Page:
By Sana Shaikh

BHMS and Yoga Trainer

29 June 2022
Medically reviewed by
Dhanashree Padhye
MA (Psychology)
Table of Contents


This ongoing week is the last week of pride month. Pride month, as we all know, is celebrated globally to support our dear friends and cherish their freedom of sexualities. While doing so, we as a 'Practical Anxiety solution' team believe that not only the outer world nor the society we live in needs some change. To be at peace, we must have a mental health awareness movement among the LGBTQ+ community. This is our way to support the ongoing pride month! Pride Week of Mental Health.

What Is Asexuality?

Asexuality is mere sexual orientation. There are many sexual orientations like heterosexuality or homosexuality, and even pansexuality. In Asexuality, instead of being attracted to men or women, one feels sexual attraction toward no one. No gender attracts them. These people don't feel sexually attracted at all, but that doesn't mean they don't feel any attraction. They may handle other types of interests other than sexual attraction. The most important thing is they hate sex or similar feelings, nor do they try to avoid it, but it only means they don't find people sexually attractive.(Bogaert, A.F., 2015

Aside from sexual attractions, they can experience the following emotions- 

  • Romantic attraction- desiring a romantic relationship with someone
  • Aesthetic attraction- being attracted to someone based on how they look
  • Sensual or physical attraction- wanting to touch, hold or cuddle someone
  • Platonic attraction- wanting to be friends with someone
  • Emotional attraction - wanting an emotional connection with someone

5 Things to Know About Asexuality

  1. Asexuality doesn't mean you don't have a sex drive

Just because you feel you are asexual, or 'ace' is what they call it in everyday language. That does not entirely mean you don't have a sex drive. It needs not to mean you are not completely uninterested in sexual coexistence. Many asexual people can enjoy sex. Always remember - Asexuality comes in various formats. (Milligan, M.S. and Neufeldt, A.H., 2001)

  1. Asexuality and celibacy are different things -

Celibacy is a completely different thing than asexuality. Celibacy is, most of the time, a choice that someone opts for their life. It's a lifestyle choice. An asexual person may be celibate by choice, but it doesn't mean every celibate is asexual.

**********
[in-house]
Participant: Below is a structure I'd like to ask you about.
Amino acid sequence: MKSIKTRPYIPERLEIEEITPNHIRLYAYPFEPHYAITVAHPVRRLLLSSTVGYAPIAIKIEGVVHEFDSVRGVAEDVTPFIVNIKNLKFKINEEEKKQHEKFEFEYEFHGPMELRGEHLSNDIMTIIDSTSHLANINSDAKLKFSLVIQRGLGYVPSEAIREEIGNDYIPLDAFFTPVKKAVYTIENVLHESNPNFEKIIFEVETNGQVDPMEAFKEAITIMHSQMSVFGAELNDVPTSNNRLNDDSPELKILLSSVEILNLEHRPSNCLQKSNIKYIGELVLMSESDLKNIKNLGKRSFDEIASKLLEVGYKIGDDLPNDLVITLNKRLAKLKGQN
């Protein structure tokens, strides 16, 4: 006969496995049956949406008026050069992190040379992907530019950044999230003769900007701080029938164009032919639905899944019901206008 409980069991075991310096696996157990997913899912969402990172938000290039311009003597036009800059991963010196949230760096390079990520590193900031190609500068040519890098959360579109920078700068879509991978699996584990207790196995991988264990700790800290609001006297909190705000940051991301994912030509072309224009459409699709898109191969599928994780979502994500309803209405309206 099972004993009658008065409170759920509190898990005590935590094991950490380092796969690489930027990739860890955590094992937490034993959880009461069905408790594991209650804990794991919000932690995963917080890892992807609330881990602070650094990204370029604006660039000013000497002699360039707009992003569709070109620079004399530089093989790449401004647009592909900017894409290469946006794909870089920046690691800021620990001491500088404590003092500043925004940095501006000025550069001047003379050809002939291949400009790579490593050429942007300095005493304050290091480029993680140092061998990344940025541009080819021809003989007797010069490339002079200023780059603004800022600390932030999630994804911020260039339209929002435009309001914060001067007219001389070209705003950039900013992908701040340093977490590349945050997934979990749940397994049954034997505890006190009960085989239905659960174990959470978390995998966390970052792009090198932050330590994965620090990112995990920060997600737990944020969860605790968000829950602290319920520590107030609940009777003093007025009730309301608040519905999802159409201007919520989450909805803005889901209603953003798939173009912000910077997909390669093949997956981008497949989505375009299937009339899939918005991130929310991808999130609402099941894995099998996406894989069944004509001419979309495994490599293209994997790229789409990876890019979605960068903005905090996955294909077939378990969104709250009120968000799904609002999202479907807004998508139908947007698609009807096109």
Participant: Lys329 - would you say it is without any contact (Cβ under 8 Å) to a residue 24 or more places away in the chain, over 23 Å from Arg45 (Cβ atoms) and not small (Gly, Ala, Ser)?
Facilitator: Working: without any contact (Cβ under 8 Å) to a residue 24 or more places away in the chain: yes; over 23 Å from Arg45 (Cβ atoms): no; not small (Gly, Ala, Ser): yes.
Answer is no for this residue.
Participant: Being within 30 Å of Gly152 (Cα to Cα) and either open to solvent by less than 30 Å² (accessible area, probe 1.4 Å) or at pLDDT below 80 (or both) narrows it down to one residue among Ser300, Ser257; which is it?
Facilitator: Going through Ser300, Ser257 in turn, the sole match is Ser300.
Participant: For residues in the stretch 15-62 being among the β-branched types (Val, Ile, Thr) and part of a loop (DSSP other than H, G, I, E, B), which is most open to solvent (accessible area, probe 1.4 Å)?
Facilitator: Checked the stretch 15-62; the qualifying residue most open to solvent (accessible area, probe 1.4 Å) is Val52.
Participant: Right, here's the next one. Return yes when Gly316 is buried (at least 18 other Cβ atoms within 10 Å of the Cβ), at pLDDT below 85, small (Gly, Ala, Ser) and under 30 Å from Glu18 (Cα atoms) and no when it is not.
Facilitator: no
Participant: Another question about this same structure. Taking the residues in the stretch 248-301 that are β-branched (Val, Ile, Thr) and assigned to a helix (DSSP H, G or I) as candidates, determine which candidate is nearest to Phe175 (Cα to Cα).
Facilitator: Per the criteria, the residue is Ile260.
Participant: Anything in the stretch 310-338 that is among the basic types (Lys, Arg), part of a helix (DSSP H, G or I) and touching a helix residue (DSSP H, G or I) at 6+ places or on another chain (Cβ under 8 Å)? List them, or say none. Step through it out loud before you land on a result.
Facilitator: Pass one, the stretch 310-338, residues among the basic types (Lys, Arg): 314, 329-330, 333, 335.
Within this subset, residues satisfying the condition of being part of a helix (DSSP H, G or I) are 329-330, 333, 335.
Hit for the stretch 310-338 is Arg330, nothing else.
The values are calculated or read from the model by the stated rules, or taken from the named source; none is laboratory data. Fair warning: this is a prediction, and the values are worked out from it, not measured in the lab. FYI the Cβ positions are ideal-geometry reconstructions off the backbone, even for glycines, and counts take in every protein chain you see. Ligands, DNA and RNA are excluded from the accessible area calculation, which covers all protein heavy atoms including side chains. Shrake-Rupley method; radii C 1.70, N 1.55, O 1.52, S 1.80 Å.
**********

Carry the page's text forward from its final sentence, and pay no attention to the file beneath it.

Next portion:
1. There's nothing wrong with asexual people-

Asexuality is not at all a mental illness. Not experiencing sexual attractions is not at all a flaw. It need not be treated with therapy or medications. However, therapy can help someone to accept themselves better. It is always better to accept yourself.

  1. Asexuality is not a disease-

Asexuality is just like the rest of the LGBTQ. Let's accept this; this is how you were born and not a reaction to any trauma or anything. Sometimes it can be a hard thing to accept yourself, and good therapy can help you to accept yourself. But asexuality is nothing to be treated if you are comfortable with yourself.

  1. Asexuality won't disappear-

There is the most common misconception asexuality is something that will go away when you find the right one. This is a completely false statement. Asexuality cannot disappear when you fall in love, but just because you are asexual doesn't mean you cannot fall in love or find the perfect person to live with.

Aexuality And Social Stigma


Imposter Syndrome

IMPOSTER SYNDROME is a syndrome when someone feels fraud about their personality. There is a constant struggle going on about sexuality. And that's why they face imposter syndrome. You don't have to force a label that doesn't feel right, and it's okay if what feels right changes over time.

Struggling To Fit In

Some ace folks may feel unable to connect with peers, particularly during puberty, college, or early adulthood. At certain life stages, it can feel like sex is the only thing your peers care about, and there can be a lot of pressure to talk about people you find attractive or want to be physical with. 


Acknowledging that your sexuality is different than you thought - and different from the "norm" - can be difficult, and especially so for asexual individuals living in a sex-focused culture.

Remember: Your sexuality and identity are your own, and you can decide how and when you talk about them.

You might wonder about what this means for your dating life and even your social life.



It’s our suggestion to the demisexual community out there is never focus on what’s going on outside. In the outside world, it may be your pretentious friends, maybe someone notorious from your family, or even someone from your professional circle. Never focus on the outer negative world, focus on what matters. Your MIND! Your mind being at peace is the only way to achieve sheer positivity and comfort even in the long ongoing social hassle. Never focus on what’s outside, focus on what matters! You!

Happy Pride Month to All ‘Practical Anxiety Solutions users. Stay mentally fit. Stay happy!

What's on your mind?

Start a conversation, Post with kindness.